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I use Trac to track my bugs related to my php web application. Tough, mainly I register feature request/tasks in trac. Do you find it a good practice, btw?
It's very handy, becouse I can track my tasks via Eclipse/mylyn, comment and fix them. I like trac very much, but I'm afraid of a lot of loosley coupuled tasks, that almost looks like bugs. Is there a way (or other tracker system) to store my tasks hierarchically? I mean:

  • Store module (feature)
    • Add product (feature)
    • List product (feature)
    • Delete product (feature)
    • Unable to delete no name product (Bug)
  • Other Module.. etc.

Edit: Is there any other good practice where and how to store tasks hierarchically?

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8 Answers 8

up vote 2 down vote accepted
+50

JIRA also has this functionality + it's almost free ($10 for 10 users).

See here, and here.

And yes... I think this is good practice, just don't over exploit it.

And this is how it looks like: alt text

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We use Jira too and it's worth a recommendation. But note that it has only one level of subtasks. –  DerMike Feb 16 '10 at 13:32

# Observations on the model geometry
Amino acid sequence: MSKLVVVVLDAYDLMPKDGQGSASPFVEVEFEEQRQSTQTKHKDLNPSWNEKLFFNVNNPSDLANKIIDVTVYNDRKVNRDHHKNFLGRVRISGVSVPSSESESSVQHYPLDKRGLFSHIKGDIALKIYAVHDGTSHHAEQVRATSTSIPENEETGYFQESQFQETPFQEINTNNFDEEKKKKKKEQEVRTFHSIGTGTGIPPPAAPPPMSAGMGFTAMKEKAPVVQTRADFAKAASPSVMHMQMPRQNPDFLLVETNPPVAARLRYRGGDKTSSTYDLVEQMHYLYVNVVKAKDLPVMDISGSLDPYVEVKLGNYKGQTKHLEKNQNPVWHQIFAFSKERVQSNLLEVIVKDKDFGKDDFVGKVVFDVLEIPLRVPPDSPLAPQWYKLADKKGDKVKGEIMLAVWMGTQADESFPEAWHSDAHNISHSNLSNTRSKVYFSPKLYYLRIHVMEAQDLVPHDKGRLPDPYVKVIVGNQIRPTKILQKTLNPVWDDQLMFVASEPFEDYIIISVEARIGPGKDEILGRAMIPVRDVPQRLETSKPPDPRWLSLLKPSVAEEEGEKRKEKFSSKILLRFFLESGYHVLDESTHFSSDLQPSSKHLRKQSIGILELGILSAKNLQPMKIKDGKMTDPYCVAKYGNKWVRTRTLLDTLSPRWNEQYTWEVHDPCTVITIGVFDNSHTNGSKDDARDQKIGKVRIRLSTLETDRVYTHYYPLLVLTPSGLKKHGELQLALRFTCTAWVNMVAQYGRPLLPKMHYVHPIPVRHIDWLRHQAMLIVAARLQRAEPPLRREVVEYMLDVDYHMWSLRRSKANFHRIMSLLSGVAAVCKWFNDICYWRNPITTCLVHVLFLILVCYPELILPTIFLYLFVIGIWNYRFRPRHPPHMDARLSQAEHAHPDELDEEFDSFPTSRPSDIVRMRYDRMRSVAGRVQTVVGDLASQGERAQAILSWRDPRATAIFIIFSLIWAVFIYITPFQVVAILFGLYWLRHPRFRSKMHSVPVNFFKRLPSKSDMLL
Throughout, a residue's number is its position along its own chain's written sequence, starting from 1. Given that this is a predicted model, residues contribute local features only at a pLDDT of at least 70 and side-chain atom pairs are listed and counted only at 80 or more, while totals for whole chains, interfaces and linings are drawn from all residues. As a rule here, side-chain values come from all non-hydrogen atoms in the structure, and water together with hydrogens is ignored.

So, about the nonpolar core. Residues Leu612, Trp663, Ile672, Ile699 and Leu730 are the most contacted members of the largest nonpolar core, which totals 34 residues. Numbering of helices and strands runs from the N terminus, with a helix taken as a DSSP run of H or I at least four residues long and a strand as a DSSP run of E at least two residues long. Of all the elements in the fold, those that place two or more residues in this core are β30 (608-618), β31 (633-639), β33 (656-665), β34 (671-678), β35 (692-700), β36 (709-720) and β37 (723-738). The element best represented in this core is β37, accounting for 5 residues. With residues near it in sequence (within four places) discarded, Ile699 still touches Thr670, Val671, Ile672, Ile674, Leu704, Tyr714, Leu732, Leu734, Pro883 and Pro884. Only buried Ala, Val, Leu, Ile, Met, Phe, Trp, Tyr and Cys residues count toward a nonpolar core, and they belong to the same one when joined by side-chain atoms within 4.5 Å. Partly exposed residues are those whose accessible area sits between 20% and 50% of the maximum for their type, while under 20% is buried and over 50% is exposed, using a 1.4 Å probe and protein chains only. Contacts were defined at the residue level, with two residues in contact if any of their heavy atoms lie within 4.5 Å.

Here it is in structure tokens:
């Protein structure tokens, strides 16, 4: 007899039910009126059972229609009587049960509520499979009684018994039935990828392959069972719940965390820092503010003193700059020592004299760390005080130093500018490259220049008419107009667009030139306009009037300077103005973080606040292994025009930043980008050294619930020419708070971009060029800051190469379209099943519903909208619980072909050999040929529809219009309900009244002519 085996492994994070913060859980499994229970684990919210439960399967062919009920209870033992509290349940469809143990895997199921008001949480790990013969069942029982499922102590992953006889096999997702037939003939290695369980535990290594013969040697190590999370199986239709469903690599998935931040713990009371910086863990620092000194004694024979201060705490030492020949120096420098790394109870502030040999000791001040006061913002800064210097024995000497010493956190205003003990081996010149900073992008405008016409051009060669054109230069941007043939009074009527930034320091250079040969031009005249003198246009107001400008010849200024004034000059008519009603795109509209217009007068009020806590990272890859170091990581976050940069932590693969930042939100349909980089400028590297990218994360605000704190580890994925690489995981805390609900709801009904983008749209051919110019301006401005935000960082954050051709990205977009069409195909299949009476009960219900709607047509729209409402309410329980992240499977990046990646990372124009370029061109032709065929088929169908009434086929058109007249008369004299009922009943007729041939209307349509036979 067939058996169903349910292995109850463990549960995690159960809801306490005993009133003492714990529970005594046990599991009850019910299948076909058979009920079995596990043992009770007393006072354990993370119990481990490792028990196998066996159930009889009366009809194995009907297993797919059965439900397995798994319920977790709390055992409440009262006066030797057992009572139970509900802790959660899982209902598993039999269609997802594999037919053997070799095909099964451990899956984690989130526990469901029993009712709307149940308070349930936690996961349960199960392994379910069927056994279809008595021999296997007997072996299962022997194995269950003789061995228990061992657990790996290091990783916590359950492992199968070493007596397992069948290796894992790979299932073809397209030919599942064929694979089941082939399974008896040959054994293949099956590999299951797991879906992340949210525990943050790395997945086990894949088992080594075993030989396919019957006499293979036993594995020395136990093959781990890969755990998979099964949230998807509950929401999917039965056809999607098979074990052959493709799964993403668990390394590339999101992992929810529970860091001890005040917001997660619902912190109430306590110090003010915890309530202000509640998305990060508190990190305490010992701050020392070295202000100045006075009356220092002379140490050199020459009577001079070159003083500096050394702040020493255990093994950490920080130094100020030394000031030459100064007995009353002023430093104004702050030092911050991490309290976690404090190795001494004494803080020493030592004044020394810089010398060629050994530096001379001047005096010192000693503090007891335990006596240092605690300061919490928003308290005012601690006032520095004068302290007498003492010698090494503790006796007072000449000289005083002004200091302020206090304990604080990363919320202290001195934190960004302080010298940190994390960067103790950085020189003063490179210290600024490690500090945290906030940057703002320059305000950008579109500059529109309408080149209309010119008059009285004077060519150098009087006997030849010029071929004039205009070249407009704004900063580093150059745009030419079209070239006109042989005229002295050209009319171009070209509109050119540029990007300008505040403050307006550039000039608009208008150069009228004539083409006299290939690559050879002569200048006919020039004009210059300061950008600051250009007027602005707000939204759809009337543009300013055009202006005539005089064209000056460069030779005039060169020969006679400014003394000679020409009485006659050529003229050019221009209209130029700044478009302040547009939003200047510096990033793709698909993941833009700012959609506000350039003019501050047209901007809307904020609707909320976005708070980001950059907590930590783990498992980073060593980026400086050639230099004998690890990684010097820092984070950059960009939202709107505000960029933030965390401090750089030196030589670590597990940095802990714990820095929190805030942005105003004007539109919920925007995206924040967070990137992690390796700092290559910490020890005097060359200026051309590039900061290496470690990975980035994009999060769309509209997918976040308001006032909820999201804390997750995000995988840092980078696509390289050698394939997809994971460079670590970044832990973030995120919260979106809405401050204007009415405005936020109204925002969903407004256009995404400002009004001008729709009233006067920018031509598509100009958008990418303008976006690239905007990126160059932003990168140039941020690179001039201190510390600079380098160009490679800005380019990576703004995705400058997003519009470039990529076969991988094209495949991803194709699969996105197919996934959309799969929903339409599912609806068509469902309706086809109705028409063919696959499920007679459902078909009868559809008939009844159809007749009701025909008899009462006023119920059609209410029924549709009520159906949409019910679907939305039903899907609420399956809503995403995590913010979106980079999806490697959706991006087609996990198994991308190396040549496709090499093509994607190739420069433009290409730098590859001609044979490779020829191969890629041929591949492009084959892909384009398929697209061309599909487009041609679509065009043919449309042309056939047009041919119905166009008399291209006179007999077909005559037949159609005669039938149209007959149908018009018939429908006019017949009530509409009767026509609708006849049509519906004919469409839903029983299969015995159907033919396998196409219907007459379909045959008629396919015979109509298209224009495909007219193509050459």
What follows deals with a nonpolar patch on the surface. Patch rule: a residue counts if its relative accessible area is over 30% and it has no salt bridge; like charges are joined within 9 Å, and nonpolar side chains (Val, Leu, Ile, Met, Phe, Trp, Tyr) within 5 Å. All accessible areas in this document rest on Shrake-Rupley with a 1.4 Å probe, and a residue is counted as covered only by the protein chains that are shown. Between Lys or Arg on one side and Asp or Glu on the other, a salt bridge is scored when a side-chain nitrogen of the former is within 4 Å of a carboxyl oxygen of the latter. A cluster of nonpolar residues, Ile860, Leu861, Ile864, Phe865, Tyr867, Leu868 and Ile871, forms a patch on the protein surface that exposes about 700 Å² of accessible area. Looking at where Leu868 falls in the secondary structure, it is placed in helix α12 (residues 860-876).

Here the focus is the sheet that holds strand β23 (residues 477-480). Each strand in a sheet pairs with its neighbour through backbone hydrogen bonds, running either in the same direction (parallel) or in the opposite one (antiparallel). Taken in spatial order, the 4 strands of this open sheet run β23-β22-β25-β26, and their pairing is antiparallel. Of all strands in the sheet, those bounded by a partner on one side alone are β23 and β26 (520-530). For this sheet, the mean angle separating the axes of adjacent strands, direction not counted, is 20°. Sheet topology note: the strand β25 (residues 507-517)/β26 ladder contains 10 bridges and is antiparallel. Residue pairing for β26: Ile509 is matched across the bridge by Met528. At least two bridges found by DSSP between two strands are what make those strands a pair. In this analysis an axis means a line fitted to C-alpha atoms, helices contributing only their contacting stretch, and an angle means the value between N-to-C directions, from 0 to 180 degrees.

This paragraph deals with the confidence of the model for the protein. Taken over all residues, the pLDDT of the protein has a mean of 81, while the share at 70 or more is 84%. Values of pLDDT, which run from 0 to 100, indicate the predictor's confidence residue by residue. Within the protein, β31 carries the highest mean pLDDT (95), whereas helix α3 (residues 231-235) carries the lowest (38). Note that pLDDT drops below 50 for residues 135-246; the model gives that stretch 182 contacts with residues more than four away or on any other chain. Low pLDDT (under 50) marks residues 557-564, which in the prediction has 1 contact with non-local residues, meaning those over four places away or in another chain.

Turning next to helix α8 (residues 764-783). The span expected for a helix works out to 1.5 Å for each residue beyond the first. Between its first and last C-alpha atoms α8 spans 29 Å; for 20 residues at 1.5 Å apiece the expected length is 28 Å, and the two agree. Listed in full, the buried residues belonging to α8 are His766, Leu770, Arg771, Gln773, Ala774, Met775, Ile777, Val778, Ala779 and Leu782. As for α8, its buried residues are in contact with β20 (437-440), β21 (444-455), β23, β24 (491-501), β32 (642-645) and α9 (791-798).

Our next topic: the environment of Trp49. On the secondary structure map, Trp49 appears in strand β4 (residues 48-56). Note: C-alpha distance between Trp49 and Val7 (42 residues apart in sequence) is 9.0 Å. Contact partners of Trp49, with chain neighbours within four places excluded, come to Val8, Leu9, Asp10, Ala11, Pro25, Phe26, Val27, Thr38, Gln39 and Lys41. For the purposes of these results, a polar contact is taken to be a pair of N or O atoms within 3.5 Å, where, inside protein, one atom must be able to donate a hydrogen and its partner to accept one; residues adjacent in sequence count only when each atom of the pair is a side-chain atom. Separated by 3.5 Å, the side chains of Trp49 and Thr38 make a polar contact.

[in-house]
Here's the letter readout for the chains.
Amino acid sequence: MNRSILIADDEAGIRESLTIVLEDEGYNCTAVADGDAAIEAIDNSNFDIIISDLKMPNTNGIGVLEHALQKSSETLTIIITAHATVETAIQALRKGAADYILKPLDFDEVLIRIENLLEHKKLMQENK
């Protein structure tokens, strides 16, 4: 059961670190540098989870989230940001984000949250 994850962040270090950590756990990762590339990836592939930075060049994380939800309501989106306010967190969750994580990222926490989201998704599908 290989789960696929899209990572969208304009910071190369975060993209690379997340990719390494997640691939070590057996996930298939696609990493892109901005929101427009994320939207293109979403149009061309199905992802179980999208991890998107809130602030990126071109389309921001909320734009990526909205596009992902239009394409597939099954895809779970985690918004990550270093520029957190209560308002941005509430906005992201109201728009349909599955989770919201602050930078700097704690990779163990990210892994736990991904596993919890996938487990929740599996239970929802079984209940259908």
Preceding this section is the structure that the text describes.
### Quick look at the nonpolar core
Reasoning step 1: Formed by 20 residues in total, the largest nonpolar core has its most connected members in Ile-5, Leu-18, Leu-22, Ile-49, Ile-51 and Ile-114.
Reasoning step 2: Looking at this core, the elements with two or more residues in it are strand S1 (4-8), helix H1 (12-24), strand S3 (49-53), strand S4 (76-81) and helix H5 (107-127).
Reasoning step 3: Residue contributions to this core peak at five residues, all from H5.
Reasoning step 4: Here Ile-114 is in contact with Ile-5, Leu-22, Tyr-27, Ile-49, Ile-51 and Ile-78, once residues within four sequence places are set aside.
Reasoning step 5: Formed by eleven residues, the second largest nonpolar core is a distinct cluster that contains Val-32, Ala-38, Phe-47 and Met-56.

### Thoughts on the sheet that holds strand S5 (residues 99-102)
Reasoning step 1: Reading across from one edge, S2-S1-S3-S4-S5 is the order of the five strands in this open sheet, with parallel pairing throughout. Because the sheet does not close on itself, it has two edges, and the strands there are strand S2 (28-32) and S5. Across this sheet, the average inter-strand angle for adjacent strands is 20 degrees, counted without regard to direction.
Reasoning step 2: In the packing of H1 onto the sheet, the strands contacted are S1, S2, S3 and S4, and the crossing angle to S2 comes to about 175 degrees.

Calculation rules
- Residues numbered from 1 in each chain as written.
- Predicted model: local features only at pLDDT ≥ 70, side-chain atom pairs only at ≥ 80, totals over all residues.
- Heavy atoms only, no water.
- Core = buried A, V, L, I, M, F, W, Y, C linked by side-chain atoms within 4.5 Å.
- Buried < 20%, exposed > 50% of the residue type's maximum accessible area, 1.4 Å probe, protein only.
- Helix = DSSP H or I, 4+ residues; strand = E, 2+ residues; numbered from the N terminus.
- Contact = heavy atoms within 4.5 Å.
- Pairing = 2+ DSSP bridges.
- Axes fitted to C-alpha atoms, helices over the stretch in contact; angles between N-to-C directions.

I've used JIRA and I have to say it has terrible interface. A lot too much links, options, settings etc. You feel like in a deep jungle. I do not recommend this tool because of its poor usability. –  Dawid Fatyga Feb 16 '10 at 16:13
    
@Dejw: really? well... we have a very different opinion then... –  nanda Feb 16 '10 at 16:20

Fogbugz has tasks & subtasks, I haven't worked with this feature enough to see if it would help though. You could play around with the hosted eval version, though. (For my taste, the web interface feels to sluggish for me to use it - but I have that problem with lots of things.)

I recognize your problem as one of my own, however I'd prefer to use separate lists/hierarchies.

[update]
At the moment, I am using the starring and heavy search/filtering, and for "keeping my head on" with quickly incoming tasks or larger refactors, I use pen&paper for temporaries (A5 ringbound booklet) and ToDoList for semi-permanents.

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If this is a problem of yours; How do you manage your tasks now? –  erenon Jan 29 '10 at 9:02
    
I've used the subcases feature in FogBugz and they work really well. They've done a good job of making then easy to use. See fogcreek.com/Fogbugz/WhatsNew.html for a more detailed explanation of what they can do. –  Matt Warren Jan 29 '10 at 10:13
    
@Matt Warren, FogBugz looks great, and has mylyn connector as well, but I'm looking for a much more cheaper tool. –  erenon Jan 29 '10 at 11:16
2  
@Erenon it's free if you only have 2 or less people using it, search for their "Startup Edition". –  Matt Warren Jan 29 '10 at 14:48

You could stick with Trac and look for desired functionality in http://trac-hacks.org/

That looks like what you want (there might be others I just did a fast search):

We are using a couple of plugins from http://trac-hacks.org/ with 0.11 and they work great.

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The MasterTicketsPlugin's hierarchies are now integrated with Mylyn so you can see the hierarchy from within Eclipse. My favorite github.com/itota/trac-subtickets-plugin is unfortunately not yet integrated with Mylyn :-( –  robcast Jan 7 '13 at 16:31